(TORONTO, ON) CUPE Ontario, representing 280,000 public sector workers, calls for more measures to support the province’s workers and for increased resources from the Ontario Government to support communities affected by COVID-19, in response to the Ontario Government’s announcement.
“Delaying next week’s budget was clearly necessary,” said Fred Hahn, CUPE Ontario President, about the province’s plan to release a fiscal update on March 25 instead of the planned budget. “There’s no way a provincial budget next week would be able to fully address the needs of communities during this time when things are changing so quickly. But so far, the Ford Conservatives haven’t offered measures that match the magnitude of what workers are facing or demonstrated that next week’s update will support communities with the investments we need.”
CUPE Ontario says that plans announced so far don’t go nearly far enough. The government announced a $10-million public awareness campaign, an expansion of lab testing capacity, a $100-million contingency fund, and that legislation is being drafted that removes requirements for sick notes and protects jobs in some way.
“The contingency fund must be a larger investment to fully support workers, many of whom are our members who continue to provide vital public services across the Ontario,” said Candace Rennick, CUPE Ontario Secretary Treasurer. “Now is the time for Ford to recognize that all workers must have access to paid sick days and take immediate steps to make that happen. We must expand this support to meet the needs imposed by the pandemic.”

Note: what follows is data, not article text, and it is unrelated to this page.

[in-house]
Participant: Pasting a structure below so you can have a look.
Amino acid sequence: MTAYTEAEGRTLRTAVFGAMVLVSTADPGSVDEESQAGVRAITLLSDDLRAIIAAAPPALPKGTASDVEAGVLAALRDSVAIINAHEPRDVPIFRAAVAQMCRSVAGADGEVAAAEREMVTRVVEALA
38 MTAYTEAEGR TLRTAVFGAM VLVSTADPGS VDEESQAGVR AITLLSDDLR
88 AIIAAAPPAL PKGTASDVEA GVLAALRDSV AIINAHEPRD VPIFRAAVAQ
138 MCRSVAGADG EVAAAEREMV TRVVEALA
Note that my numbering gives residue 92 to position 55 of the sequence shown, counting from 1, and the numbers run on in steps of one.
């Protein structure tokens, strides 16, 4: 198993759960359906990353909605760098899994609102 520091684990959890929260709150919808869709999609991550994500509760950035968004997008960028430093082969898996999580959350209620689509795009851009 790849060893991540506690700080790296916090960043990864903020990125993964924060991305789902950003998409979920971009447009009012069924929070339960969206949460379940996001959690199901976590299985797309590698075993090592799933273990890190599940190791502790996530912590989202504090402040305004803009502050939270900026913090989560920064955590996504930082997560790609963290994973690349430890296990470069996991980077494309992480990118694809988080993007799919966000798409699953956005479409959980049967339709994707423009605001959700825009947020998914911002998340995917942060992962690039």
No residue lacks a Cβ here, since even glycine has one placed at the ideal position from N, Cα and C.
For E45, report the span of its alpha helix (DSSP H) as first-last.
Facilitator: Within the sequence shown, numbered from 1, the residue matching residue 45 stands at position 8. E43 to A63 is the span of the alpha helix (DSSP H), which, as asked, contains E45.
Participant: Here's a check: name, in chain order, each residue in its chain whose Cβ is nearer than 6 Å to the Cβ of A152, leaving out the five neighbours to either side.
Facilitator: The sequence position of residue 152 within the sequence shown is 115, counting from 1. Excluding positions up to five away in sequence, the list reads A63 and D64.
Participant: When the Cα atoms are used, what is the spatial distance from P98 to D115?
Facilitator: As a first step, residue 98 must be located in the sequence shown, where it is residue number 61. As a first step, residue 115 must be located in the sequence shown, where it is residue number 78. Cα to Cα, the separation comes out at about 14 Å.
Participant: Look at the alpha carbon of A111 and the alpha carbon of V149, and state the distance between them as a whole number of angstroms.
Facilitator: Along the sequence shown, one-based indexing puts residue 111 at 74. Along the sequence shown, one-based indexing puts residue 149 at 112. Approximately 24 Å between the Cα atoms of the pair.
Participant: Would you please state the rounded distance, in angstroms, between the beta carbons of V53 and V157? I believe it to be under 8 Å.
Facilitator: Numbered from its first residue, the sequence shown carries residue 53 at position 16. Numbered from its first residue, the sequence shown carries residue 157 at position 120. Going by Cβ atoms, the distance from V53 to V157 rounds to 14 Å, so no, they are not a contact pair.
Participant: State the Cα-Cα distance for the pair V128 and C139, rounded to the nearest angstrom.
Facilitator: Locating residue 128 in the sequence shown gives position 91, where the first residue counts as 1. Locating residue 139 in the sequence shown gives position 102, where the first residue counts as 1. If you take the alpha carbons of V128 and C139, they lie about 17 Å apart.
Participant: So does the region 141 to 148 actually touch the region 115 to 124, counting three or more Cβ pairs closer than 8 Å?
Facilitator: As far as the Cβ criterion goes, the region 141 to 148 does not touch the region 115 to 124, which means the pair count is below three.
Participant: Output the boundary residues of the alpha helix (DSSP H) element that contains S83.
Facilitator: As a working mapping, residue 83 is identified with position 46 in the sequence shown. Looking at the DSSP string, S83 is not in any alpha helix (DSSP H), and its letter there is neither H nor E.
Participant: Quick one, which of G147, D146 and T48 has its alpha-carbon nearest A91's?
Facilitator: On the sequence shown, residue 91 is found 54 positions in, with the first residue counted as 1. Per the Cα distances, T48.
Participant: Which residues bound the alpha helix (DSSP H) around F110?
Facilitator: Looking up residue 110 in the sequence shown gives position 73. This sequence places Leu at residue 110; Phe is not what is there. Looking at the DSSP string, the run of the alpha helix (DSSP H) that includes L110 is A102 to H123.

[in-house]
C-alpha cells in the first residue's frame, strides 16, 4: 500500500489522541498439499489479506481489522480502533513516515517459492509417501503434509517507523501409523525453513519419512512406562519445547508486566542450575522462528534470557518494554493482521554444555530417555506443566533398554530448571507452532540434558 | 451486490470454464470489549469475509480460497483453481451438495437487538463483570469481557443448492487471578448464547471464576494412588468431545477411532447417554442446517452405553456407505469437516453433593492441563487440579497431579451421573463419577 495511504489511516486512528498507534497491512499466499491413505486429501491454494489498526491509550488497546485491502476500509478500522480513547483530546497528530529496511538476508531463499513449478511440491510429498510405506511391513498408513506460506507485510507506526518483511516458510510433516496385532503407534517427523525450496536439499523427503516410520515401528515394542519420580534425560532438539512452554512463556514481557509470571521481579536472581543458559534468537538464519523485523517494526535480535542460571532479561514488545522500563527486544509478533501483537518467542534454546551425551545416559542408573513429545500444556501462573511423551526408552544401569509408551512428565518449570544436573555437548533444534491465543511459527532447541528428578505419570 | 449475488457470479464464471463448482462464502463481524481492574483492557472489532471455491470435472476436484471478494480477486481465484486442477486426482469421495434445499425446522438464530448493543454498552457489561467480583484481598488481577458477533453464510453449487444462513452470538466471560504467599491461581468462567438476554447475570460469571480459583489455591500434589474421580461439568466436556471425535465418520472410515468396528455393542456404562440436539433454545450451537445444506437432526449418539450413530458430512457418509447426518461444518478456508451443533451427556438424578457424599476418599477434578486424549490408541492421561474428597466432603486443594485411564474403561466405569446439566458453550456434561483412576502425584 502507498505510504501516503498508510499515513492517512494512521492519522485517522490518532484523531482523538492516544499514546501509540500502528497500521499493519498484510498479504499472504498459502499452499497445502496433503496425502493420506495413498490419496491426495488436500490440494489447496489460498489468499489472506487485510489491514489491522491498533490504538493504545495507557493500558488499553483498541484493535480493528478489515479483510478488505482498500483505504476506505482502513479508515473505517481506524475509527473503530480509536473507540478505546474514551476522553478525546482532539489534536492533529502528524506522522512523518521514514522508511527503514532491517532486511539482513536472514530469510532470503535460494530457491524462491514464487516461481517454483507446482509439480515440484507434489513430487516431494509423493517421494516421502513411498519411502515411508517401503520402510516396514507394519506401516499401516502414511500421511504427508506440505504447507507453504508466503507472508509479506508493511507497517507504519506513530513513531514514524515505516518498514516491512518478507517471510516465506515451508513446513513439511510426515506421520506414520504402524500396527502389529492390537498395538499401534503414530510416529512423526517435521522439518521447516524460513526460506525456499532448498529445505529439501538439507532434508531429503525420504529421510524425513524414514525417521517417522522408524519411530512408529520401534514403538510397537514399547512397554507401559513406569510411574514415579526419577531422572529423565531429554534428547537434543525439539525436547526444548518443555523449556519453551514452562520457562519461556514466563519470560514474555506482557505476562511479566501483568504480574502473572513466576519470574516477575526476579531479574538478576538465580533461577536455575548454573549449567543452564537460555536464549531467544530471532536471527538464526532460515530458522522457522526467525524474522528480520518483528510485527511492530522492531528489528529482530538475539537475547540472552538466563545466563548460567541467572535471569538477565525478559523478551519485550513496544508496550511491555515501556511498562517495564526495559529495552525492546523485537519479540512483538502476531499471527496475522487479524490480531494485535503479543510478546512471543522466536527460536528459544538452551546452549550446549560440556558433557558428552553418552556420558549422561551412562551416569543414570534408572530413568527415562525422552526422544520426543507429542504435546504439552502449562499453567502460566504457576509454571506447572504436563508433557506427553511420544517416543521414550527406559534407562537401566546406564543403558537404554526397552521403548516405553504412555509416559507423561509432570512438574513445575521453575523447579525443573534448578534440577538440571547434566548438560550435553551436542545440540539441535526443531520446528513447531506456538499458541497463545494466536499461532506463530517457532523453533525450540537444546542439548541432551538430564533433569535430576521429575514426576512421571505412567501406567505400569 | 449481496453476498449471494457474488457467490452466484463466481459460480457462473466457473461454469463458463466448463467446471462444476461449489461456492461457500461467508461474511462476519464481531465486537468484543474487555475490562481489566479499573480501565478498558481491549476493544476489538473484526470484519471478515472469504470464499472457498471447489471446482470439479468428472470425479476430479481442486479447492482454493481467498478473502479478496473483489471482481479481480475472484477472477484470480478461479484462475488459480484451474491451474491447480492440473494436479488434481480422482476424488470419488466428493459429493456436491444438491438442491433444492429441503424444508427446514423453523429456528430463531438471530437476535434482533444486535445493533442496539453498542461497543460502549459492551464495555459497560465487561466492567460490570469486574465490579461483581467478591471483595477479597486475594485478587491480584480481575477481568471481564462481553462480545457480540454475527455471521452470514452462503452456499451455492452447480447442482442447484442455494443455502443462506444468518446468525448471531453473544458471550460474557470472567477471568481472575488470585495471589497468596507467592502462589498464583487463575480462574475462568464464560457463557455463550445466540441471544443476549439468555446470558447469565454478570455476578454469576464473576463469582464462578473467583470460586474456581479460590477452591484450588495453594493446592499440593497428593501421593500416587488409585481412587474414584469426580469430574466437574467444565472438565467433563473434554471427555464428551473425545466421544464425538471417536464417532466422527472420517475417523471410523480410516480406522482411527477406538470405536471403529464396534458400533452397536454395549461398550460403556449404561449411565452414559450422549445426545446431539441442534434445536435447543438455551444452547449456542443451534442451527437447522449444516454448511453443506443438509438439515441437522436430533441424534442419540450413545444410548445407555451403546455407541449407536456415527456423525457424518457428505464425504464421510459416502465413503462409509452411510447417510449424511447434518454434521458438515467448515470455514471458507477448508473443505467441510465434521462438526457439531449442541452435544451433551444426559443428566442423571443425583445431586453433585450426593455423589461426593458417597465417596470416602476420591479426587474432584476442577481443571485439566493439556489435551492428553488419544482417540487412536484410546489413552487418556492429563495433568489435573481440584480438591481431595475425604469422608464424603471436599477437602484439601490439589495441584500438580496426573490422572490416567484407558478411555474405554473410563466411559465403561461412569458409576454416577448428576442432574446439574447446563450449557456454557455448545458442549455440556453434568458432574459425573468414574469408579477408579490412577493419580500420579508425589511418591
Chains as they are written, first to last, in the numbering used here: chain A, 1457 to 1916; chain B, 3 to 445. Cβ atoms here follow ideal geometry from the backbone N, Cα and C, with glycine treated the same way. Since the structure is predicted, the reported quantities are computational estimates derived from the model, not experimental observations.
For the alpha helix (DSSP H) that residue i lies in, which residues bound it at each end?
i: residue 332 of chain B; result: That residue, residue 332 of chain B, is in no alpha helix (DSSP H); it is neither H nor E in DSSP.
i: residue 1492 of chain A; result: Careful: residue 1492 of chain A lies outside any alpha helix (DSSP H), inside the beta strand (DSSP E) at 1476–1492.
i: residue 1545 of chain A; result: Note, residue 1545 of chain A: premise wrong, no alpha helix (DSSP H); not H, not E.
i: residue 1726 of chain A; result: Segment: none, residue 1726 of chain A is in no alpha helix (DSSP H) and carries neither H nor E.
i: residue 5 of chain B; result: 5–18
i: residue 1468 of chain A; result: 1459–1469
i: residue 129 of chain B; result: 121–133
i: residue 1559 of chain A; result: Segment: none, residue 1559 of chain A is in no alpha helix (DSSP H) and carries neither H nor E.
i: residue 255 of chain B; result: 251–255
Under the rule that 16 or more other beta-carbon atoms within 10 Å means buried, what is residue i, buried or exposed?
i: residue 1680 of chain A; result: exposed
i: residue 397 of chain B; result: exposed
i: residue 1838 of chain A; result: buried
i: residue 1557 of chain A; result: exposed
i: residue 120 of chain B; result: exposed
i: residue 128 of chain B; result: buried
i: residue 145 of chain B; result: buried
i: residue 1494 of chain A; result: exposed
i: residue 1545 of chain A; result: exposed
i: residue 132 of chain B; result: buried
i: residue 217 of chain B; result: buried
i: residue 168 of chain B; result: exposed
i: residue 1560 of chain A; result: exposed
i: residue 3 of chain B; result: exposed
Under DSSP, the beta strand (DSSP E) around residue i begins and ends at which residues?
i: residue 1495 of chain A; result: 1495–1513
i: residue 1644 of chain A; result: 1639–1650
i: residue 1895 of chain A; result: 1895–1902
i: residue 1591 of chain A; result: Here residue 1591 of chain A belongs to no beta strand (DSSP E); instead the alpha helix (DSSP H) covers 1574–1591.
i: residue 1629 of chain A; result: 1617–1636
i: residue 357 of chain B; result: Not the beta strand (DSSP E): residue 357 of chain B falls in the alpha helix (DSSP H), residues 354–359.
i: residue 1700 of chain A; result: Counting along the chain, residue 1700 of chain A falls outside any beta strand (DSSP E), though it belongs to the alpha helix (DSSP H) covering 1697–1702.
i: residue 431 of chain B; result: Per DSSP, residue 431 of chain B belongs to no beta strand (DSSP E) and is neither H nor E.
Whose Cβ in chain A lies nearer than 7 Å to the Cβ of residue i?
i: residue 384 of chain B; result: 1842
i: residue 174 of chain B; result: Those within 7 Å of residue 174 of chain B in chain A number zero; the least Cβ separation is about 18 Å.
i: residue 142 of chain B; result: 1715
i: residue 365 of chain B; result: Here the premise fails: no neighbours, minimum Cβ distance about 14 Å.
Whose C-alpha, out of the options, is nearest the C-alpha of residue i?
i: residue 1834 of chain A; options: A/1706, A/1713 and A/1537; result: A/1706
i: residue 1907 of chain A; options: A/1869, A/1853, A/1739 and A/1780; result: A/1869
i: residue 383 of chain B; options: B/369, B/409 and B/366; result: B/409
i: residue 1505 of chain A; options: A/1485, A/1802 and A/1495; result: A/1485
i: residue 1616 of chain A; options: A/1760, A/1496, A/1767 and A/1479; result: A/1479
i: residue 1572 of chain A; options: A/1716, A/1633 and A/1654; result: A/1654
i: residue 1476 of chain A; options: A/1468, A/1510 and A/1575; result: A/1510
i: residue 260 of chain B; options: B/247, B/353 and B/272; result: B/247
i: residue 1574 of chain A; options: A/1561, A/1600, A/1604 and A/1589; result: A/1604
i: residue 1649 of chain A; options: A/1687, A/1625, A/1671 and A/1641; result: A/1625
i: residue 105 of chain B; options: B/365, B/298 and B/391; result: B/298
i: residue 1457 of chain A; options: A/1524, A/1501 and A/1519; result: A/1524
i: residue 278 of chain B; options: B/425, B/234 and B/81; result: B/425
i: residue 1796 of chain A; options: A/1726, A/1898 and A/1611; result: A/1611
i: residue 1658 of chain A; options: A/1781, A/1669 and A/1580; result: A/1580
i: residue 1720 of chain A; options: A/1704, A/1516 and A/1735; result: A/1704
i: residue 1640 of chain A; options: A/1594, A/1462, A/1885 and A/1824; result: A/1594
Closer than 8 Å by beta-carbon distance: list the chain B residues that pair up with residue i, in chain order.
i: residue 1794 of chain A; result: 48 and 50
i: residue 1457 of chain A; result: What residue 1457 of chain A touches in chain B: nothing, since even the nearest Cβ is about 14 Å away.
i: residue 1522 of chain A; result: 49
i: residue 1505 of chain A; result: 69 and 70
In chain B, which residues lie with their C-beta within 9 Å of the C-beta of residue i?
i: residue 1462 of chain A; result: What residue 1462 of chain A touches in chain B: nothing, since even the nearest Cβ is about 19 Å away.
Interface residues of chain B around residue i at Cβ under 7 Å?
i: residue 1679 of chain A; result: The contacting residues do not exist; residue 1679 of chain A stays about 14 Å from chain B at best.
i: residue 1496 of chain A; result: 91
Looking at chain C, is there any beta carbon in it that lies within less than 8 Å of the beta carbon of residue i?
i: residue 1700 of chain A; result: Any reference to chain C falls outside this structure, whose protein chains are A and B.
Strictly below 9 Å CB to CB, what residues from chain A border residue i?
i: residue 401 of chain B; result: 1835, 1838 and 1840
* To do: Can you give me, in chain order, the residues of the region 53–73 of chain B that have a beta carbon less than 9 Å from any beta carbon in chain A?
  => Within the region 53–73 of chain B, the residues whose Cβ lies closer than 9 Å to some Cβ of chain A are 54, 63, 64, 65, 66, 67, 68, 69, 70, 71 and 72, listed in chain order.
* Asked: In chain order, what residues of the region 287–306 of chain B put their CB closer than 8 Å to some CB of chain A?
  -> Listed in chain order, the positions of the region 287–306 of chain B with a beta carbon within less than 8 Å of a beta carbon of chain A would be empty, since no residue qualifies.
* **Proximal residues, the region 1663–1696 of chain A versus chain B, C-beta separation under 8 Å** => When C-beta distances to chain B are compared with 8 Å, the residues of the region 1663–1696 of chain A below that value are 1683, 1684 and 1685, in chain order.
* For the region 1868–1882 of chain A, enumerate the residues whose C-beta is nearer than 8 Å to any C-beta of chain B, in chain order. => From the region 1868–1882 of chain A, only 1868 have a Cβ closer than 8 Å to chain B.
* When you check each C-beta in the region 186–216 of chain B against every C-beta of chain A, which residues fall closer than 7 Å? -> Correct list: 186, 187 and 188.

Toronto’s Mayor, John Tory, announced that City employees will be protected from layoffs due to the cancellation of programs and will be paid for their shifts. “These are the types of measures we need to see from the province,” said Hahn. “Unpaid leave that isn’t even extended to everyone impacted by this crisis isn’t good enough. If Toronto can announce these measures, and Alberta can provide 14 days of paid leave for workers, then we must do the same across Ontario.”
“We also have to remember that it’s the most vulnerable residents who will be impacted the most,” said Hahn, advocating for a response that recognizes Ontarians the province didn’t mention in their announcement. CUPE Ontario, for instance, says that Ontario Works and Ontario Disability Support Program payments must be increased, and that the government should extend support to migrant workers who are excluded from securing EI benefits.
CUPE Ontario is also calling on the Ontario government to advocate the Federal Government fully remove the two-week waiting period for Employment Insurance benefits for everyone impacted by closures of their workplaces and enhance EI payments.
“The Ford Conservatives have slashed taxes for the wealthiest residents and corporations, which has then been used as an excuse to weaken or even eliminate the services we all need,” said Hahn, advocating for investments that support provincially-funded organizations to ensure workers affected by COVID-19 are paid. “We need to push back against their attempts to convince us that we can’t afford supporting Ontarians now and use this opportunity to explore options to increase funding so no one’s left behind.”
“One thing all of us have learned – maybe the hard way – is that we are all in this together,” said Hahn. “When we support one of us, it benefits us all.”
For more information, contact:
Daniel Tseghay, CUPE Communications, 647-220-9739, [email protected]